Re: "more modern and global cultural touchstones"
Touching Stones? FNARR!
(While I still can!)
31 posts • joined 2 Jul 2009
Touching Stones? FNARR!
(While I still can!)
Interesting that The Register bangs on about privacy and security but make it as difficult as possible for privacy freaks like me to connect to the site without effectively registering for tracking with Crudflair. And doesn’t use HTTPS for the connection.
There also seems to be an assumption the tor=bad guy. So tor nodes are forced to Crudflair for crapcha verification, and the crapchas are getting more aggressive. Two six character images twisted in to colour contrasting pasta bow shapes at a low resolution.
Crudflair suggest that the targets of this hassle and levels of hassle are under the control of the customer. In this case our beloved Vultures. Any chance of sorting this mess out guys?
Maybe Talk Talk did use Rot13 on their data, and did it twice just to be sure.
Pah! I spit on your two cards. Right now, for one organisation, I have a magswipe card for the outer office door, two different pins for inner electronic locks. An RFID card for some other doors, another RFID token for some other doors, a mechanical lock code for some other doors and a pin for the other RFID token the get into another building.
The staff canteen is cash only.
And at 1:43 you get a look at the other side of the fin, it's blank too. That's the side you see the BA logo on as the tail is wheeled in.
Probably cos customer support turns the phones off and shuts down at 10pm. Not that it's much good these days when it's open.
$73m in profit before tax on $658m from a $6m loss on $966m in the same period last year. Looks like the results of cost cutting rather than an expanding business. But when you look at the current offerings you begin to understand why.
The massive (and confusing) cost of running on site BES12 against the costs of an on site BES5 (and they just went up again!) do suggest RIM are trying to milk the Enterprise market for all they can get. In reality the high costs are driving people to AirWatch and others.
BES12, the multi-platform management tool has no real attraction when other tools can manage the same devices, using the same activesync technology for less cash. The reality is that the more expensive RIM licensing and handset costs mean that I will probably just manage iOS, WIndows and Android phones via activesync using a different management tool.
All in all it is becoming very difficult to recommend RIM/BES/Blackberry as the goto Enterprise platform any more.
"forced to release a rushed patch that may potentially take down a few million customers."
Wow! You think rushing patches might cause problems?
I work in enterprise land. We are very cautious when handling M$ patches. They do have a nasty habit of exploding in your face. Just have a search for 'withdrawn microsoft patches'. (Google not required)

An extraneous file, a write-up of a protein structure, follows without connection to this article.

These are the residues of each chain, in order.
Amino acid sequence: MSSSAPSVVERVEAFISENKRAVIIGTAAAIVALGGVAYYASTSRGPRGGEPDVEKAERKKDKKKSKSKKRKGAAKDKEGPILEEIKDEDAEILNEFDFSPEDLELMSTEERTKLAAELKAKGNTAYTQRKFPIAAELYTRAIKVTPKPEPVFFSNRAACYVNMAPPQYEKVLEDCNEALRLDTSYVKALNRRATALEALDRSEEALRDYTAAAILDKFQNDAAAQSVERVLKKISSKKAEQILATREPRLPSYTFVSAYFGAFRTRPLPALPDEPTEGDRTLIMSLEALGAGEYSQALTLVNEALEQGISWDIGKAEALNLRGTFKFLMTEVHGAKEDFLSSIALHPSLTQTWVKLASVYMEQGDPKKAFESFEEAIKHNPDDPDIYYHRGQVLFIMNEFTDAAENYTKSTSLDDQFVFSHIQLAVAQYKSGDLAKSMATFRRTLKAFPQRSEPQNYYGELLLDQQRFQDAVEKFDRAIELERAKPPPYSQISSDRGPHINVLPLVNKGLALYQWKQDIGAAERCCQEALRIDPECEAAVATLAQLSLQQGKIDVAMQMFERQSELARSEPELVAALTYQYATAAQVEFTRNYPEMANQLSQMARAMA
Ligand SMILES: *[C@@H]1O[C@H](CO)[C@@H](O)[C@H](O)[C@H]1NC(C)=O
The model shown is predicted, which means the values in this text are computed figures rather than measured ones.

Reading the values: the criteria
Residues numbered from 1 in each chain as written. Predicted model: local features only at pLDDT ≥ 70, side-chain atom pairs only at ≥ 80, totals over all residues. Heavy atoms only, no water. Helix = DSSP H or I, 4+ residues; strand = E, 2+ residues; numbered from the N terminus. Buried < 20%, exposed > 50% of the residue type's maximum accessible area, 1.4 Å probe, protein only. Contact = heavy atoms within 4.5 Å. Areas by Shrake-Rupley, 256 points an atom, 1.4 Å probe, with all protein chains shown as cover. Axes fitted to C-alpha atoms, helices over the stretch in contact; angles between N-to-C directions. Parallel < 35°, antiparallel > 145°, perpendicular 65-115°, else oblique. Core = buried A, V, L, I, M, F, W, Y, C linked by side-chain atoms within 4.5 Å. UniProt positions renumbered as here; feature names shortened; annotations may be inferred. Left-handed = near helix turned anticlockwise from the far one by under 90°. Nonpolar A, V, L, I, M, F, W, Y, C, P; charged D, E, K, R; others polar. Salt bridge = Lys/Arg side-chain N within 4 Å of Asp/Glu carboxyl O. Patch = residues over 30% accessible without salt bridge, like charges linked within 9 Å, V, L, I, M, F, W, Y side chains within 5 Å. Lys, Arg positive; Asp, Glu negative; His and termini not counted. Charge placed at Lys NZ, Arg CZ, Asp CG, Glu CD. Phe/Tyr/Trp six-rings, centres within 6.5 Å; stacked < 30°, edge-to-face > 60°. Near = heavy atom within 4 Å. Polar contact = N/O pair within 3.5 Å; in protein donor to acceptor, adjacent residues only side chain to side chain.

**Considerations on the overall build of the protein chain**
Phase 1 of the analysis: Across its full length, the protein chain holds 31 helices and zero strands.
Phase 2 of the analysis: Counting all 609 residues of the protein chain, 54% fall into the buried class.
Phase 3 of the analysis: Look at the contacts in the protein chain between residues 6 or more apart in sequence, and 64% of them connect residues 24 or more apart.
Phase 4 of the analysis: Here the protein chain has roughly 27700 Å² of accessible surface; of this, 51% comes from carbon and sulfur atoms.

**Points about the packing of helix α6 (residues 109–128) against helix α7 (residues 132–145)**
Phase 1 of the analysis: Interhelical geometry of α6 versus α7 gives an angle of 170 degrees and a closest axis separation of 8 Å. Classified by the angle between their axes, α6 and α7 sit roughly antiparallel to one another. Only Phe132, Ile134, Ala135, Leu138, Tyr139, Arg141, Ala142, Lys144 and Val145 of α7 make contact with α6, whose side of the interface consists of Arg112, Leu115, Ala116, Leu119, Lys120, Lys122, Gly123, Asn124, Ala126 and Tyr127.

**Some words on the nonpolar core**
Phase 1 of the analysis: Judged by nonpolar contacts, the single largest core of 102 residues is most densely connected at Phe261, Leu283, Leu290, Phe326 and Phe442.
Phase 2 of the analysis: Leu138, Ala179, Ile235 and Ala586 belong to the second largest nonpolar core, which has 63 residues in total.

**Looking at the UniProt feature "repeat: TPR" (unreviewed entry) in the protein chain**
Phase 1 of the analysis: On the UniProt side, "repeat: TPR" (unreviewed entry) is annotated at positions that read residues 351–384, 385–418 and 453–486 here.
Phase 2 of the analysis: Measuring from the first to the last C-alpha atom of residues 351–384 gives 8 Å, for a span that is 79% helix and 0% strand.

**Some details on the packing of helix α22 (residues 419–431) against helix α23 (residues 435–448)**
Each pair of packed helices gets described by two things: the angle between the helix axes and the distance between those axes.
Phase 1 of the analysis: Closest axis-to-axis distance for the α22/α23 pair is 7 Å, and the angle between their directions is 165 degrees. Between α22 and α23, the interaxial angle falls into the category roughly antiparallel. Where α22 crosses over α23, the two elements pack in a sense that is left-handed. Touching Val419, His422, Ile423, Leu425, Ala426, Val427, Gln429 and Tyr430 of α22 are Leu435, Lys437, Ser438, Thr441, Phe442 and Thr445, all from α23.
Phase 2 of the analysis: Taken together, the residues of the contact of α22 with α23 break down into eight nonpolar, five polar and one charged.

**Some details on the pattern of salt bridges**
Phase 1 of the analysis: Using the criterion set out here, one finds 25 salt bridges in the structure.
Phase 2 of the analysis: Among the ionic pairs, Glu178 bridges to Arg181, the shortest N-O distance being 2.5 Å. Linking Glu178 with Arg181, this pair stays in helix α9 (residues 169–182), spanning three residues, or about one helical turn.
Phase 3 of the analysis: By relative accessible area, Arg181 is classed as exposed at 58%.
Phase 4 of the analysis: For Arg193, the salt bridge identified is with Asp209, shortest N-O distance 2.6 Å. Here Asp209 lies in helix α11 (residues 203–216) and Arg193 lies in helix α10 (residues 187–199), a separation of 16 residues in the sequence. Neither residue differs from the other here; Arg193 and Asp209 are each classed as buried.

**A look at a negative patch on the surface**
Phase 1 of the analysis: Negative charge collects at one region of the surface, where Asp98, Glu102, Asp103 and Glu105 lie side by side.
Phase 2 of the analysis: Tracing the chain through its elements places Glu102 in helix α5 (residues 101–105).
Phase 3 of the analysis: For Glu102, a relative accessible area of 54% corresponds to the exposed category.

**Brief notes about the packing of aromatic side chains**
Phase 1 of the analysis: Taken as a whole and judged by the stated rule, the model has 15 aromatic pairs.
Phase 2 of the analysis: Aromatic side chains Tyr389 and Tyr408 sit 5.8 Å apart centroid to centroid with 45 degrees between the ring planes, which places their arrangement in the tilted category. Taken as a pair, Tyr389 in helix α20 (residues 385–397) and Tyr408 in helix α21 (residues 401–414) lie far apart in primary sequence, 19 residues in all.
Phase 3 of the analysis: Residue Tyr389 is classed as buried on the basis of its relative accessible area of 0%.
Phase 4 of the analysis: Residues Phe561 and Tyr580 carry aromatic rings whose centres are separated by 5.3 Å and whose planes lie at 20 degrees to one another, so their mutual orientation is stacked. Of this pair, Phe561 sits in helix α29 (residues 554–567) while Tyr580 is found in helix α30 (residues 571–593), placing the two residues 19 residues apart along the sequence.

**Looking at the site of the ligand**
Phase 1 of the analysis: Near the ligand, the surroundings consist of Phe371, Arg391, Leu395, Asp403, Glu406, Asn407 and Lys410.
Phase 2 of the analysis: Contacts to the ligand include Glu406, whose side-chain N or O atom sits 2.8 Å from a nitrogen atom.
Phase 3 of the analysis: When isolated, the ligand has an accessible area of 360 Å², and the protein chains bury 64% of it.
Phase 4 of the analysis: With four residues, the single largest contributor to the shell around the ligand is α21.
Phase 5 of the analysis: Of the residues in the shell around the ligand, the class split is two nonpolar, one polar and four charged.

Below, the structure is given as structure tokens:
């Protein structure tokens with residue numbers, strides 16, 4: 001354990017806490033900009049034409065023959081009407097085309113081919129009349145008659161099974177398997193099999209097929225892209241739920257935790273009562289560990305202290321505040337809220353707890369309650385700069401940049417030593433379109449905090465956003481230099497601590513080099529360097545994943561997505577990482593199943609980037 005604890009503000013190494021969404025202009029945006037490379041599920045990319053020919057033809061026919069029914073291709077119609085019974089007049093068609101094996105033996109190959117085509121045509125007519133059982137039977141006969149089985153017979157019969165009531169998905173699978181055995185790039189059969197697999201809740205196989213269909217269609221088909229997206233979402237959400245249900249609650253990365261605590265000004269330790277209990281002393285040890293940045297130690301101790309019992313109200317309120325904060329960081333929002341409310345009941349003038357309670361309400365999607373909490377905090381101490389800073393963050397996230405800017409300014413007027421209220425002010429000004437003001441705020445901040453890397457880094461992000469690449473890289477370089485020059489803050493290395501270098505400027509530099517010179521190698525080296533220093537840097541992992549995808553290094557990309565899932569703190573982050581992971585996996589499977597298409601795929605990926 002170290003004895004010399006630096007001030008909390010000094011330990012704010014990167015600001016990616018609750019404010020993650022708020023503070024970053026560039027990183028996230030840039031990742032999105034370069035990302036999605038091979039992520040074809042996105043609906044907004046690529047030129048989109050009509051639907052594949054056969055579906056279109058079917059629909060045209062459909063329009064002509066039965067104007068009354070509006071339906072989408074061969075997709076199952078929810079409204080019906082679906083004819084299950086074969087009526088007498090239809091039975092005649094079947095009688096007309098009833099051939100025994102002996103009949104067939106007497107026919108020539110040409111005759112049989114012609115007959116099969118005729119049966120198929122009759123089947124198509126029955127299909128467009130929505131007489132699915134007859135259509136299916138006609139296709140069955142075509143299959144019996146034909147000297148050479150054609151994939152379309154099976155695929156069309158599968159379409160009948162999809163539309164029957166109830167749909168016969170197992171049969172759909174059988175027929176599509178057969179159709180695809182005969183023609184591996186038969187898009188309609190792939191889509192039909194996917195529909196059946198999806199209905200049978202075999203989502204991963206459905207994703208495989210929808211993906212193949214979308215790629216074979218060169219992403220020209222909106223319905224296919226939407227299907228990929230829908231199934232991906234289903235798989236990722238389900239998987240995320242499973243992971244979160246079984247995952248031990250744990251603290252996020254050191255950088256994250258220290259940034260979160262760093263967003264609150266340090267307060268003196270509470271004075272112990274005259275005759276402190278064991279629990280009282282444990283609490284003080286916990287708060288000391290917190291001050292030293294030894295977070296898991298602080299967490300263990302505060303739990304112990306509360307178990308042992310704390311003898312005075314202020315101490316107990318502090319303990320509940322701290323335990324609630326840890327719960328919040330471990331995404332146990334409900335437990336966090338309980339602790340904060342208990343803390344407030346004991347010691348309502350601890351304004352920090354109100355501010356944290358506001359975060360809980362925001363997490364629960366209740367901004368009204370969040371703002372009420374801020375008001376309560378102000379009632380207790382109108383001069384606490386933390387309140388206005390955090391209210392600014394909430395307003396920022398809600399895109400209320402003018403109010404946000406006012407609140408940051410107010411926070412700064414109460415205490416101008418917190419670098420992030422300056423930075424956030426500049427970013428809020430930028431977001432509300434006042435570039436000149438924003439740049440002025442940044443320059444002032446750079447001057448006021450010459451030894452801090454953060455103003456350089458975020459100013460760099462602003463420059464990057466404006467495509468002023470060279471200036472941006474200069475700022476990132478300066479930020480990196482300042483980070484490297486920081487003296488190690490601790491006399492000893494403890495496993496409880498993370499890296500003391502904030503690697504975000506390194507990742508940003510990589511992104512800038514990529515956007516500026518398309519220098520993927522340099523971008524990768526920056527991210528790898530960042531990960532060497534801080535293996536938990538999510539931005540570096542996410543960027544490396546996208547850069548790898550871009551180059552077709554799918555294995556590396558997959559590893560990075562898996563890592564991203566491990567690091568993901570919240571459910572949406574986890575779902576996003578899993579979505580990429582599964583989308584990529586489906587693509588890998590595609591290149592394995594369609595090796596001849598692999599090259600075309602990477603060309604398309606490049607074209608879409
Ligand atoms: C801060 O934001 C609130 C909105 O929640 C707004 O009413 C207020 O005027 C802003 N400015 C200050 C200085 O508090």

Imagine how happy our 12000 mail users would be if we broke Exchange? Or if we patched our desktops and all the Win7 boxes started to blue screen? And the sheer volume of work to sort out 10 withdrawn and reissued patches in a month makes me cringe.
But at least the users would be secure!
If you get enough wrist action the jerky video would really be jerky! Probably too jerky to promote the required wrist action.
Unless the jerks were synchronised................
That this would come out was inevitable given the inability of Aussie bureaucracy to redact PDF's.
The gods have nothing to do with it. Stuff disappearing is down to mini wormholes that jump about in your house. They connect random places and normally go unnoticed.
Until they suddenly open up! And it's not just socks, the car keys you put in the bowl by the door will end up down the sofa with your change and that little screwdriver you left in the garage. And that bottle opener you used on the sofa is now in the drawer underneath the cutlery. Your sock is now somewhere else, back in the washbasket or under the chair or in the garden.
The mini wormholes open when there is sufficient mass of similar items. This explains why your shirt disappears from the hotel laundry but only socks from your washing machine, the more mass the bigger the item that can pass through the wormhole. So most of that change you got in the pub last night has vanished and is in the kid's pockets or the wife's purse or the change bottle thanks to the mini wormhole and the sheer mass of change. Also why my drill, lawnmower and spade is in the neighbours shed!
Of course this is only a theory. I might be able to prove it if anyone fancies funding my
beer habit research.
The 'huge' , as in 'packing a huge of computing bang into a space smaller than the standard x86 blade and chassis'.
We need a definition.
I huge is........
IIRC, Dorothy was a little girl who liked singing and had a likkle dog called Toto. Which is where Twister got the name from.
I have a feeling we're not in Kansas any more.
Just had the misfortune to read El Reg without my usual browser.
Without any adblocking, popup blocking, script control, cookie control and all the rest I never realisedsee what a mess the unfiltered site is.